Colleges increasingly comply with state authorization regulations for distance education, but they often do so by choosing not to enroll students from some states. These are some of the findings of the latest survey on institutional progress in state authorization.
We are often asked “what are others doing about state authorization?” This survey was created to find the answer to that question and to gauge progress over time.
WCET partnered with UPCEA (University Professional and Continuing Education Association) and M-SARA (Midwestern State Authorization Reciprocity Agreement) in the third administration of the “What are Institutions Doing (or Not Doing) About State Authorization” survey. The previous surveys were conducted in 2011 and 2013.
- The survey was implemented during January and February 2014.
- The sample was created by combining membership and email lists from WCET and UPCEA institutions and removing duplicate responses, as well as using a list from the Higher Education Directory.
- Overall, 577 individuals started and 498 qualified. Not all respondents completed every question. The 498 participants was significantly higher than in years past.
- Community colleges were 25% of respondents, as well as 30% from private, non-profit, 4-year institutions and 36% from public 4-yar institutions.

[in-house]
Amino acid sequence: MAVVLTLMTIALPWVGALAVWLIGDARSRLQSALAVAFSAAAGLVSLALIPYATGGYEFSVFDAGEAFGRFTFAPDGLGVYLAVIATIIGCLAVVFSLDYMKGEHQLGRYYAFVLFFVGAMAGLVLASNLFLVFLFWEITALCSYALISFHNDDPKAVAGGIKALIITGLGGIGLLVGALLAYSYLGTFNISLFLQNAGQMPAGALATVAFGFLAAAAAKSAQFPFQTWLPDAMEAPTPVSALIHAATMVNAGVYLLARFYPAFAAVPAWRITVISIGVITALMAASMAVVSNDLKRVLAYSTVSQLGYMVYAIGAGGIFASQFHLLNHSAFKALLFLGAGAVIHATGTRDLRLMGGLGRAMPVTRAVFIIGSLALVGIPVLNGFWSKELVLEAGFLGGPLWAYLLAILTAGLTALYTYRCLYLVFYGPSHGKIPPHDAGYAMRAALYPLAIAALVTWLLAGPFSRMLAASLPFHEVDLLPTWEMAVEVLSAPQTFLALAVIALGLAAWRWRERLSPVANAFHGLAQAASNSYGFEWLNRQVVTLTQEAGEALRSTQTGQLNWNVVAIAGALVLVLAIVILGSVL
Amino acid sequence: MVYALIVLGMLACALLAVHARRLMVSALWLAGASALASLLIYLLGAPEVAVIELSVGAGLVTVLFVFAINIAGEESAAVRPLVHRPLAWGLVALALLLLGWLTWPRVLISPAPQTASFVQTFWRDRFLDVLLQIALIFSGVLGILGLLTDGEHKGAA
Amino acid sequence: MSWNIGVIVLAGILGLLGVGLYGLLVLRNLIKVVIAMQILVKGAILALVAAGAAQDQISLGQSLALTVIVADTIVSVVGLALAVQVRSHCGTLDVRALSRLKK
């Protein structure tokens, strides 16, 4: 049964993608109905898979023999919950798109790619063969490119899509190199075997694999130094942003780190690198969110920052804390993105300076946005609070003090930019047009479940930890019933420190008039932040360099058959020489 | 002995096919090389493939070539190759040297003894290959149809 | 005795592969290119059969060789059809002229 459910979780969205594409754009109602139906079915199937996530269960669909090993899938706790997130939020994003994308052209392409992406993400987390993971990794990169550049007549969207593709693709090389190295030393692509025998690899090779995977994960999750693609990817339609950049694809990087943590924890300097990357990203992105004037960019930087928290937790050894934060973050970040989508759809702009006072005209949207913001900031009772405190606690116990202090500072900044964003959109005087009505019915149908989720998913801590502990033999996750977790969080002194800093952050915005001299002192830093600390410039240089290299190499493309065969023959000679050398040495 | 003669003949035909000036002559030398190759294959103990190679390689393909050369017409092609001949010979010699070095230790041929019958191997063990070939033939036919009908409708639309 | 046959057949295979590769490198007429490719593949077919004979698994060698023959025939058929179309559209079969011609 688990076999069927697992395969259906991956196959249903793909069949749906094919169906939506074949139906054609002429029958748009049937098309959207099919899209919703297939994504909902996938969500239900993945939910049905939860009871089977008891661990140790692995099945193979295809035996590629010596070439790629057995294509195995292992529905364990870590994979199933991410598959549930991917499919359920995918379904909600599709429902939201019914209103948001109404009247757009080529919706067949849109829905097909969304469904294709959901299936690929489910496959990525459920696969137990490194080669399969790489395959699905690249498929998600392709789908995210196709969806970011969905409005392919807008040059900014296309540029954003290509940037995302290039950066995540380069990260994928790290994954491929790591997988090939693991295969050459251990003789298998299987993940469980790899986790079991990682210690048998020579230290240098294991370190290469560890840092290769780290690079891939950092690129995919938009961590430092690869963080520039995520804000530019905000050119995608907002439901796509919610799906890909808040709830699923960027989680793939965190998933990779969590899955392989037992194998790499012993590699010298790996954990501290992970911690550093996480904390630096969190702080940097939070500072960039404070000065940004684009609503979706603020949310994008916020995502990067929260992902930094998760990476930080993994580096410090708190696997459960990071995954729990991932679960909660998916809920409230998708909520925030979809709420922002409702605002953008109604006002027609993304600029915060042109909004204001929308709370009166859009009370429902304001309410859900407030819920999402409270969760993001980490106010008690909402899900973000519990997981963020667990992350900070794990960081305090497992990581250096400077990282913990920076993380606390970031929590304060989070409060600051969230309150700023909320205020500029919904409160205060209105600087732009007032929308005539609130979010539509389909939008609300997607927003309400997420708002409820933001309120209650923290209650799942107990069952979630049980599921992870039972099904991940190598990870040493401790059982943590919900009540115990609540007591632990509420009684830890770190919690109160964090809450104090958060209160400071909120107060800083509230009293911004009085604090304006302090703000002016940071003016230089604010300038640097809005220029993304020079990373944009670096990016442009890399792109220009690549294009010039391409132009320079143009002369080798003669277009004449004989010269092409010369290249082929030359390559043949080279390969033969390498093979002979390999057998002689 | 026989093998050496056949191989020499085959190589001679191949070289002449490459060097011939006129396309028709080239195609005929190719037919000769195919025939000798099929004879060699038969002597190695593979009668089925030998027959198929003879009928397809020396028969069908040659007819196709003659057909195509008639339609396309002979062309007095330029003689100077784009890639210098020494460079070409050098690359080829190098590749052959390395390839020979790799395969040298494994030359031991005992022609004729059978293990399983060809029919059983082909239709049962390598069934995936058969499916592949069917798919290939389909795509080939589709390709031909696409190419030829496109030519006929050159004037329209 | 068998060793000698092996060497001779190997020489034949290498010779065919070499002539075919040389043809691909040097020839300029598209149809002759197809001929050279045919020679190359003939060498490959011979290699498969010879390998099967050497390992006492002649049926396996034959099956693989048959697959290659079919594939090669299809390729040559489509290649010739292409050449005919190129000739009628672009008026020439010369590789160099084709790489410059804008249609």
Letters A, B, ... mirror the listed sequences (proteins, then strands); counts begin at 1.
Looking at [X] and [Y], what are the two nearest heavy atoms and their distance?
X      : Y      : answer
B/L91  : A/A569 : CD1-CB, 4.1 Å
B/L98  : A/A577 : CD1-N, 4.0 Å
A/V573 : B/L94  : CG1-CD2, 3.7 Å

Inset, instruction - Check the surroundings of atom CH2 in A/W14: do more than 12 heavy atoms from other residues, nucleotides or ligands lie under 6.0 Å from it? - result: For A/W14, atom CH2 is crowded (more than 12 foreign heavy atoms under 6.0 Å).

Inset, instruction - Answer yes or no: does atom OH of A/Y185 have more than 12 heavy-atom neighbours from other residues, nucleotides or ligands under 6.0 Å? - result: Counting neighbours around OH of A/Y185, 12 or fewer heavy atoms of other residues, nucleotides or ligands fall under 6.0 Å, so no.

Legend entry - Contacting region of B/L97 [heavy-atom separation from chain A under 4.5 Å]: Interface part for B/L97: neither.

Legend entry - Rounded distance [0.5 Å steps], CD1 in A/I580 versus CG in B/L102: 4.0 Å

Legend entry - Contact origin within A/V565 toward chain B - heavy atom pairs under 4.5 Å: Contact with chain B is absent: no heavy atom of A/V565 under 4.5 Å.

Institutions Increasingly in Compliance
- Colleges possessing all the authorizations from each state in which they serve students grew from 5% in 2011 to 25% in 2014.
- One-third (31%) of responding colleges have yet to apply to a single state.
- For those that have not applied to a state, some of the top reasons include: the cost is too high, waiting for SARA, collecting information for applying, and (my personal favorite) waiting for more clarification.
Colleges Denying Admissions in Selected States
- About one-third of respondents plan to seek authorization in every state.
- About three-quarters (72%) of respondents decided not to admit students in some states.
- Arkansas, Minnesota, Massachusetts, Alabama, and Maryland lead the list of states where out-of-state colleges are no longer accepting students into distance education programs. Every state, DC, and Puerto Rico all have at least one institution not planning to enroll students within their boundaries.
Compliance is Costly
- Overall, for those who incurred some compliance costs, the median was $7,750 and the mean was $28,833 for non-staff compliance expenses.
- Larger institutions (more than 20,000 FTE) are averaging more than $60,000 in costs. Public, 4-year institutions are averaging more than $40,000 in costs.
- Institutions average about .5 FTE dedicated to compliance, with more FTE engaged for larger institutions.
Colleges Need to Improve Notifications Regarding Their Authorization Status
- About half of responding institutions place notifications concerning state authorization issues on their websites and/or recruitment materials.
- About half of schools notify students from non-authorized states when they apply or register.
- Nearly one-in-five institutions (19%) do not notify students about authorization at all.
Thank you to Jenny Parks (M-SARA) and Tanya Spilovoy (North Dakota University System) for advising on the wording of the survey questions. Thank you to Jim Fong from UPCEA for his masterful data handling skills in conducting the survey. They have been fabulous partners.
Interim Co-Executive Director
WCET – WICHE Cooperative for Educational Technologies
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